Holmenkollstafetten: The Biggest Relay Race In The World
It’s high season for running races here in Scandinavia. Last Monday I wrote about the first Salomon Trail Tour of the season and next Saturday, on 18th May, the world’s biggest half-marathon Göteborgsvarvet is held in Göteborg. And yesterday the world’s biggest relay race was held in Oslo. Holmenkollstafetten was held for the first time in 1923 and 90 years later it’s still going strong. The course runs for 18,66 km counter-clockwise from St Hanshaugen up to Holmenkollen and then down towards the finish line at Bislett Stadium. More than 2 400 teams had signed up for this year’s event, meaning around 36 000 runners pounded the asphalt of the streets of Oslo yesterday. That’s a phenomenal number of runners!
Holmenkollstafetten is first and foremost a race where workplaces compete together as a team against others. Yesterday I was part of the Neonatal Intensive Care Unit-at-Ullevål-team which was competing in the mixed class of “Firm/Company – Mostly Female”. I’ve always kind of liked the gender distribution at the NICU. It’s a pleasant workplace. But the most important item on today’s agenda was to beat our colleagues at the PICU (Pediatric ICU) at Ullevål and our friends at NICU at Rikshospitalet. The pressure was palpable as failure was not an option. I was to run leg eight, also known as the Downhill Run. Standing by the subway station of Besserud I spotted Erik in his green surgeon’s cap that we all had agreed to wear for easy recognition in the sea of runners waiting to take off. He had just done one helluva job climbing the toughest leg and was now sprinting towards me waving the baton in the air. Grabbing it, I turned to run down the asphalt and boy did it feel like I flew down that road! 1 800 m downhill in 6 minutes flat (560th place out of 1 958 for my leg) and the team came on 1 153rd place out of a total of 1 958 teams! These short races are FUN!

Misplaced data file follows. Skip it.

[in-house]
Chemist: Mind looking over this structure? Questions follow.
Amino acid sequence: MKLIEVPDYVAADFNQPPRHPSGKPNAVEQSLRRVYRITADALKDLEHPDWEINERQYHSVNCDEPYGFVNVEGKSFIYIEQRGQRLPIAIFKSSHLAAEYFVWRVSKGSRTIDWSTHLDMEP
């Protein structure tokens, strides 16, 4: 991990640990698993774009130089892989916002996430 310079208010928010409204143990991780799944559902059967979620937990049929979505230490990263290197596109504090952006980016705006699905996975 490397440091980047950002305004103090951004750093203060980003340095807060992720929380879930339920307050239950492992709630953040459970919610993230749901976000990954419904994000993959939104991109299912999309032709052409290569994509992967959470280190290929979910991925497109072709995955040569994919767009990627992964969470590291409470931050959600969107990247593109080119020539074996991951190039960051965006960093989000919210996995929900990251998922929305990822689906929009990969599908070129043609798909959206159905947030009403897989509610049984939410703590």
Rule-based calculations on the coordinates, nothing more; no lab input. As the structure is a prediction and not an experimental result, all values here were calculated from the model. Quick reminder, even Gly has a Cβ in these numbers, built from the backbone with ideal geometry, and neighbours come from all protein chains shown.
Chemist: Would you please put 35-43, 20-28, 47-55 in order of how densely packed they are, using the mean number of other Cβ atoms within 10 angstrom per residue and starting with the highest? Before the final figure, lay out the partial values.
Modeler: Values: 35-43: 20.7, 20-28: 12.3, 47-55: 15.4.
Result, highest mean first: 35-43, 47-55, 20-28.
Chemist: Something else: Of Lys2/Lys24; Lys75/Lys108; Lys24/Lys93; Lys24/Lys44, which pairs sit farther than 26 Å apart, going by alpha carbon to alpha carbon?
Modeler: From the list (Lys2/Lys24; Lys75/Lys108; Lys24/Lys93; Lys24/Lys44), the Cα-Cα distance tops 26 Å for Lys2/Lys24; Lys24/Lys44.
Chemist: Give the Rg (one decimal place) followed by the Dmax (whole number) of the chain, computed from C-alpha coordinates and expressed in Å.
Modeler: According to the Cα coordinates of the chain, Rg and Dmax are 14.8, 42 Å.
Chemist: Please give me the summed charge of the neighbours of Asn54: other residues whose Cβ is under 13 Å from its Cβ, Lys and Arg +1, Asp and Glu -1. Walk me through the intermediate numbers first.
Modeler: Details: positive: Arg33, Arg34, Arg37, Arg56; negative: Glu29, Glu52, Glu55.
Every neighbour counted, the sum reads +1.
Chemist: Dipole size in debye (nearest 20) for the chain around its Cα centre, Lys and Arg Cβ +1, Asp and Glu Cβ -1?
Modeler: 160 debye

After my leg I had to run to work where my colleague Kristina was anxiously waiting for me to relieve her from her dayshift, starting a night shift of my own while the team was celebrating our victory over PICU (40 seconds!) and NICU Rikshospitalet (5 minutes 1 second!). Thanks Kristina for covering for me a few hours!
I kinda like all these races in Oslo. Wonder when the next one is.
Känns tryggt att både läkare och sköterskor alltid spurtar fram i tid när de behövs!!Grattis NICU!!